Digital video is growing in importance behind many types of different use cases today, yet nowhere is it more important than when it is captured, edited, and produced into a revenue-generating product for a video business. Within such organizations, video becomes the very embodiment of intellectual property – every piece of content may be viewed as a key asset that can be time and again reused or reprocessed and consequently be the source of new revenue in the form of additional final products, broadcasts, distributions, partnerships, or more. Such businesses have long been immersed in the practice of reusing digital video – typically in a cycle where a single piece of media may be recalled, redistributed, re-edited, or otherwise brought freshly back to the forefront of the business time and again.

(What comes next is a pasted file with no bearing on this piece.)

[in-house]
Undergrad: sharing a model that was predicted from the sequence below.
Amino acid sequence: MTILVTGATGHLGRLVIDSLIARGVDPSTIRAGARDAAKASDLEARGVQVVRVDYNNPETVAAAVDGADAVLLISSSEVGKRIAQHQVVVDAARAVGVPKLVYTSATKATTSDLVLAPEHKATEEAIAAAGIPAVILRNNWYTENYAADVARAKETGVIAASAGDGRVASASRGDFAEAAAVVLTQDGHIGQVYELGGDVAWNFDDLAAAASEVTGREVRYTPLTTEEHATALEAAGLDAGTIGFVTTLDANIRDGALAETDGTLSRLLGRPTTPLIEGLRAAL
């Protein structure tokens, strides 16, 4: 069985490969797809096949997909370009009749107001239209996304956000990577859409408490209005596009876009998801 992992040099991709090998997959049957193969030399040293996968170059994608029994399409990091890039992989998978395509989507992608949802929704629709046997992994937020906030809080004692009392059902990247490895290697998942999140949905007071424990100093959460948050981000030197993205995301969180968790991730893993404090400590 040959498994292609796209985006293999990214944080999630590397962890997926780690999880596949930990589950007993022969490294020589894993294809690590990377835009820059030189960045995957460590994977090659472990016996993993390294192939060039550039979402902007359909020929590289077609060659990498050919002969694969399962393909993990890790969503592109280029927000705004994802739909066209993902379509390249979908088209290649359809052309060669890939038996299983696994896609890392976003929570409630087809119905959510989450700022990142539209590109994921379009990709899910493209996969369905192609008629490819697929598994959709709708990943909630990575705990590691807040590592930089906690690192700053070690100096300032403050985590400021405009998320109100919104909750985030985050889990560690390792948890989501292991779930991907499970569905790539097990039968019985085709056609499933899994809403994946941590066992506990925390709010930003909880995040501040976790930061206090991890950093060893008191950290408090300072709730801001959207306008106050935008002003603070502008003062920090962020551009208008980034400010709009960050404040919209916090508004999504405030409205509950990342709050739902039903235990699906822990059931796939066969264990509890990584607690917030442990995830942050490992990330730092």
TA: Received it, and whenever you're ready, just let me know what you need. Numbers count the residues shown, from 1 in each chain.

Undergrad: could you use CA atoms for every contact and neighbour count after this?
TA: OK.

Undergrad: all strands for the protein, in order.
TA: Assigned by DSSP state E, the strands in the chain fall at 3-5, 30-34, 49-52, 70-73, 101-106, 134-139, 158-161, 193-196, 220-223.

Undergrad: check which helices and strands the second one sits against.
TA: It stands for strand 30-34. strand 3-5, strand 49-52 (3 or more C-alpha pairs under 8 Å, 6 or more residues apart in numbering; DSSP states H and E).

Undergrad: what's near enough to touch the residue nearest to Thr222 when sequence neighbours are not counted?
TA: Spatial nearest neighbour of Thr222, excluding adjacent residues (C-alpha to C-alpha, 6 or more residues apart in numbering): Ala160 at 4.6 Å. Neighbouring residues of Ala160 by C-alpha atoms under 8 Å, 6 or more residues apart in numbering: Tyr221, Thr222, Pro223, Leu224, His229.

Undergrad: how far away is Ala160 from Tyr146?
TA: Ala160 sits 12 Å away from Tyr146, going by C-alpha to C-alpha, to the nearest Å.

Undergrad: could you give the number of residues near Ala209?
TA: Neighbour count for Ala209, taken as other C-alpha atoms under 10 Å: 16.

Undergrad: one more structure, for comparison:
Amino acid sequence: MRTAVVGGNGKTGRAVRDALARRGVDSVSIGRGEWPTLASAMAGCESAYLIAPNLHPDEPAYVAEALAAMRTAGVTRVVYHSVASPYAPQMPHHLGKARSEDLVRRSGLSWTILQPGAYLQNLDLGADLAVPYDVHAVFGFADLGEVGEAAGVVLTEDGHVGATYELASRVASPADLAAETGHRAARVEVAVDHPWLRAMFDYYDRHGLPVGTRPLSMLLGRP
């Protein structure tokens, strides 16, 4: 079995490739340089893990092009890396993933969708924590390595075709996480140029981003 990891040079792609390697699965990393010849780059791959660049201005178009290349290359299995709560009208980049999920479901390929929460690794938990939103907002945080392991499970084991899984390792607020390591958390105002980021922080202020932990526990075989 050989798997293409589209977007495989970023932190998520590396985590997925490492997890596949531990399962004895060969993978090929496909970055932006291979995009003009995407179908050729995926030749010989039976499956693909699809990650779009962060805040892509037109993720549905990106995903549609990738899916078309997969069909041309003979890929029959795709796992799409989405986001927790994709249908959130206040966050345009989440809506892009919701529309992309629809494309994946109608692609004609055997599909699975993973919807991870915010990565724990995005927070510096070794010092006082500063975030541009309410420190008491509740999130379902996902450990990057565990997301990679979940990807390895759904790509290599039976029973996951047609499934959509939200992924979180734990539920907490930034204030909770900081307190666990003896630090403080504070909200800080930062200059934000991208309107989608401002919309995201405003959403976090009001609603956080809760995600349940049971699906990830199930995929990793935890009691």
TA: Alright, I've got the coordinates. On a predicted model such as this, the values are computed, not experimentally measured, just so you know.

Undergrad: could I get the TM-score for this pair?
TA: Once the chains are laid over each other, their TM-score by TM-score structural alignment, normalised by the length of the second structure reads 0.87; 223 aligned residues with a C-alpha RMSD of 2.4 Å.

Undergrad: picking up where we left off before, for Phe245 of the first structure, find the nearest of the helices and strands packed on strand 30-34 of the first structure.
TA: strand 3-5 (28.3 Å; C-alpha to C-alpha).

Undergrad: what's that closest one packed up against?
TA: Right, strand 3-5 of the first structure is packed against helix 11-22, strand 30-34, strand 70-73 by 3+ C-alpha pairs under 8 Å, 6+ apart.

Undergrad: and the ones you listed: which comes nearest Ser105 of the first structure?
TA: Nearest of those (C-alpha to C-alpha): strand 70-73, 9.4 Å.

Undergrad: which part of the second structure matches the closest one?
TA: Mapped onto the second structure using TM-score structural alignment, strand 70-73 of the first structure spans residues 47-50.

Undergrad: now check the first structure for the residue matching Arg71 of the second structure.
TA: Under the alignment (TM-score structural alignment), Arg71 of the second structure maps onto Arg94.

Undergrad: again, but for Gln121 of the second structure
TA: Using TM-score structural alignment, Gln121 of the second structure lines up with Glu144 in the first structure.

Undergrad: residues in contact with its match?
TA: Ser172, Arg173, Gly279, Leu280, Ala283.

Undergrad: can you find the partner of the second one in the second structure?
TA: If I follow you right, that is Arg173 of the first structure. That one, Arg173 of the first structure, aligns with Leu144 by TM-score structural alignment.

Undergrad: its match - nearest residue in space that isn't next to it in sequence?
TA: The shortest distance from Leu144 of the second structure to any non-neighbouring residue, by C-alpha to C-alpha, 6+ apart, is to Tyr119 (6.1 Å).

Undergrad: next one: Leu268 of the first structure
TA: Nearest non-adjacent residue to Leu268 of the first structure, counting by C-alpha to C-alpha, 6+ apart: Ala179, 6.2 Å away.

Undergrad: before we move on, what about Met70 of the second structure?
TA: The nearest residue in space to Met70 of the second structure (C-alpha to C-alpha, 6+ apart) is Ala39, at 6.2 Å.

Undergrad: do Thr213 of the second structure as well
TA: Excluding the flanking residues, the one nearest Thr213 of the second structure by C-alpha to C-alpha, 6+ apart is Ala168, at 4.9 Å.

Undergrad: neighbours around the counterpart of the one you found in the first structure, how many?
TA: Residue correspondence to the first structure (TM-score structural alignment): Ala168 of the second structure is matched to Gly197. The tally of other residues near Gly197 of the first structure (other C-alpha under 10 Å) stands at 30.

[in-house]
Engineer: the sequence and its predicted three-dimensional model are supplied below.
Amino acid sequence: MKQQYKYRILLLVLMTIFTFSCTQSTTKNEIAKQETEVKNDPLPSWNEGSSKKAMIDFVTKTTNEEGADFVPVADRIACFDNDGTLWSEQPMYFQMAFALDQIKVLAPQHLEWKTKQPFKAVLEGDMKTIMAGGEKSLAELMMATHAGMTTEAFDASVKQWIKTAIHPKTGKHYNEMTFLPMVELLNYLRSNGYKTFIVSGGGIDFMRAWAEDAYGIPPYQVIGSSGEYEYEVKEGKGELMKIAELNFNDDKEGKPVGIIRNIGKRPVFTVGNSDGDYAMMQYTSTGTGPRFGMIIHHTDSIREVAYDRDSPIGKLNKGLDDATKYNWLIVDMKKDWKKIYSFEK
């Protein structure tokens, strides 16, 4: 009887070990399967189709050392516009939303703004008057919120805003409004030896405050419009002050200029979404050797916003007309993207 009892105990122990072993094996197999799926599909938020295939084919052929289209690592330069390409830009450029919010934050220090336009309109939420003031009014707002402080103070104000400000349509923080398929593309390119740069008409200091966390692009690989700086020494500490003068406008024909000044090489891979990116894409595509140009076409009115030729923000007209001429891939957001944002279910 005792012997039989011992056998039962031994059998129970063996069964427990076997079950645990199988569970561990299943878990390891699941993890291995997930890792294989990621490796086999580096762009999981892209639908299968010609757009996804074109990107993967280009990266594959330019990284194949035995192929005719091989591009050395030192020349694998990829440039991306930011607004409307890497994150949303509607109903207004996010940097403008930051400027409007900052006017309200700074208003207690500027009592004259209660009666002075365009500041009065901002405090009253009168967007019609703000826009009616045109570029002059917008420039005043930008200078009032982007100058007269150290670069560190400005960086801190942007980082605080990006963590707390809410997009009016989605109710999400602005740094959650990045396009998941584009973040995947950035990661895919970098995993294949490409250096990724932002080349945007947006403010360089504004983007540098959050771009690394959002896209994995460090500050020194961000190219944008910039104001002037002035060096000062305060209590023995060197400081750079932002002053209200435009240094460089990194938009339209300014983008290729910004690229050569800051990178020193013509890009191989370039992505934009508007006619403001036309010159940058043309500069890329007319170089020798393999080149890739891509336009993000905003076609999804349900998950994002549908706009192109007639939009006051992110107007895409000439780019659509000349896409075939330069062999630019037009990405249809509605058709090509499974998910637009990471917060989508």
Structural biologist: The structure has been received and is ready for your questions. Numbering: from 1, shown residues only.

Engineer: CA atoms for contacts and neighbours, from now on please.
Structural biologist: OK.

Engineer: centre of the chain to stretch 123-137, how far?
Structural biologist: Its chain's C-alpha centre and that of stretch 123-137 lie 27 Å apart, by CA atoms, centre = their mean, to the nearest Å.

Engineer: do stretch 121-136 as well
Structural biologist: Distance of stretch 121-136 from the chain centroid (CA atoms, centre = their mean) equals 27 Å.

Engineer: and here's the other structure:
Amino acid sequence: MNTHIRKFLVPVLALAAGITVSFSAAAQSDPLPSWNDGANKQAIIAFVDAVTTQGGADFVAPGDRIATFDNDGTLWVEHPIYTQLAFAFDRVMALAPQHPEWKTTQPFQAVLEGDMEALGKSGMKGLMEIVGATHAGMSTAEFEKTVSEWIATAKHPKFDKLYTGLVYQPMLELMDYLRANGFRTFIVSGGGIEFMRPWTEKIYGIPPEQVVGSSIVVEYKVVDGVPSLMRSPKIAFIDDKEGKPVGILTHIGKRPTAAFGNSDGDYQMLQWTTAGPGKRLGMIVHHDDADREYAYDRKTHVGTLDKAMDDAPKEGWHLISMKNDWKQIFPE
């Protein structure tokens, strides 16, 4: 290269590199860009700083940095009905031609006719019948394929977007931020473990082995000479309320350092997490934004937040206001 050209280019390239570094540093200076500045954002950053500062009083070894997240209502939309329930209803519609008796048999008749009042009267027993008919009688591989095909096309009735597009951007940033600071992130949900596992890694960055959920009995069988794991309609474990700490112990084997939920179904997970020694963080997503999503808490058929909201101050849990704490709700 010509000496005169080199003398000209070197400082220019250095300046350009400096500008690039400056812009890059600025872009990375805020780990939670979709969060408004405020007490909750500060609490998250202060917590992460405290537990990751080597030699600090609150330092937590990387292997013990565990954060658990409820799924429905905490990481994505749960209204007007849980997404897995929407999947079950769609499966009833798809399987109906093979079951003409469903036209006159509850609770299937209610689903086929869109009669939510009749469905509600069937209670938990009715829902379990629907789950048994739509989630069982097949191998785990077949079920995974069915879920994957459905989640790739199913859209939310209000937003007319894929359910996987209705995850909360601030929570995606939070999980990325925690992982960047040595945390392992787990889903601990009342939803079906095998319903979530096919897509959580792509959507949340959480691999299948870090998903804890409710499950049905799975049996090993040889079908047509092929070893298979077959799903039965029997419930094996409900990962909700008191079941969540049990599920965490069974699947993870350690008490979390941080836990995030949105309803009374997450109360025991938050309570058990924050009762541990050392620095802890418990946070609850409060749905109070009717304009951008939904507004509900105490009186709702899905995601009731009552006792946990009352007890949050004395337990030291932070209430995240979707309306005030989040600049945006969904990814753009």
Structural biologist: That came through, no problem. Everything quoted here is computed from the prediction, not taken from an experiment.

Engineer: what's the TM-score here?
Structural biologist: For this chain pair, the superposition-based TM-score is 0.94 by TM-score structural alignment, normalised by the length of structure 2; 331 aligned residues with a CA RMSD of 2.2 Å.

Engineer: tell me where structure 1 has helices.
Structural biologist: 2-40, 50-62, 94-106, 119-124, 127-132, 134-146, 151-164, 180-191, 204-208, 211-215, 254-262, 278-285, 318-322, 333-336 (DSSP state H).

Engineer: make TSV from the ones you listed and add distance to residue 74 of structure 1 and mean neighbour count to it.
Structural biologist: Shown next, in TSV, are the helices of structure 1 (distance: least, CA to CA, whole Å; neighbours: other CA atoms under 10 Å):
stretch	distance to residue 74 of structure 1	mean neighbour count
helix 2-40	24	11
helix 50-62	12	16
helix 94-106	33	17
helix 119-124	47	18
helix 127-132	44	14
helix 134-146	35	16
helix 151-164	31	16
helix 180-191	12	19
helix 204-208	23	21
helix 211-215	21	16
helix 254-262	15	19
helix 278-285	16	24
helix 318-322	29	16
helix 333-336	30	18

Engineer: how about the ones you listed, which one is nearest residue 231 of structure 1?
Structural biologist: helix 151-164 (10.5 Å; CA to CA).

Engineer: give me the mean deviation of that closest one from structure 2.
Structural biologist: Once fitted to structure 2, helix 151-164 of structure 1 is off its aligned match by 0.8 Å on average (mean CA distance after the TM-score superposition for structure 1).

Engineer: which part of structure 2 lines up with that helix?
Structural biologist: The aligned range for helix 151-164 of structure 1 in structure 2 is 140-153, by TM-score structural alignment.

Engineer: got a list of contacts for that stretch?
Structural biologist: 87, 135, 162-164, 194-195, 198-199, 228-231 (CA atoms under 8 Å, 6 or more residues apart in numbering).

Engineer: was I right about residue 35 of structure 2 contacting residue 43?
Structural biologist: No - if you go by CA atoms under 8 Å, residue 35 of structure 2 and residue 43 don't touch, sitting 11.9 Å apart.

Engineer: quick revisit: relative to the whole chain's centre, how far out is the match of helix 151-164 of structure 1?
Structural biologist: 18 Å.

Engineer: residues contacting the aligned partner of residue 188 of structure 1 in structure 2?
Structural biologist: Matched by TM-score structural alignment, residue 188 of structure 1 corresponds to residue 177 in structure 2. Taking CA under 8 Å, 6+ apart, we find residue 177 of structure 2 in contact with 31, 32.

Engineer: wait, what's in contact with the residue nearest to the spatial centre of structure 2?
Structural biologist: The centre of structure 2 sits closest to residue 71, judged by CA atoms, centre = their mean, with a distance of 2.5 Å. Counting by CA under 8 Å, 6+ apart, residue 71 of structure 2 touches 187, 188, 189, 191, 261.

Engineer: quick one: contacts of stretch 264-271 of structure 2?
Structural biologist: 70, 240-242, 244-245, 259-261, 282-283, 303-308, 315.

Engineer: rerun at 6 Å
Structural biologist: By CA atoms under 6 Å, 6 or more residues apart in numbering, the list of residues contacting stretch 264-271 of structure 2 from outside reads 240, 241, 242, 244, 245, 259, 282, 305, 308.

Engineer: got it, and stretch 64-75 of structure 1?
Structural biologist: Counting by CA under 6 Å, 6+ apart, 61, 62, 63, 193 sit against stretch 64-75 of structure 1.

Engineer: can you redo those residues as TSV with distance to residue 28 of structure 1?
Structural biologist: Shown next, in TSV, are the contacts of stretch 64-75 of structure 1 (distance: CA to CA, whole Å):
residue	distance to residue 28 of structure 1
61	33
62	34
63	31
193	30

But turning to the reuse of digital video hasn’t been a process that organizations could undertake overnight. While on the surface it seems possible to rush forward and acquire sophisticated digital capture and editing capabilities, unwary users will quickly run into long-term challenges. Those challenges are most often rooted in storage. Specifically, the intersection of digitized video, increasing resolutions, more frequent reuse, and sophisticated post processing capabilities have caused video sizes to burst at the seams – often pushing individual projects into terabytes of data behind the guise of one digital video.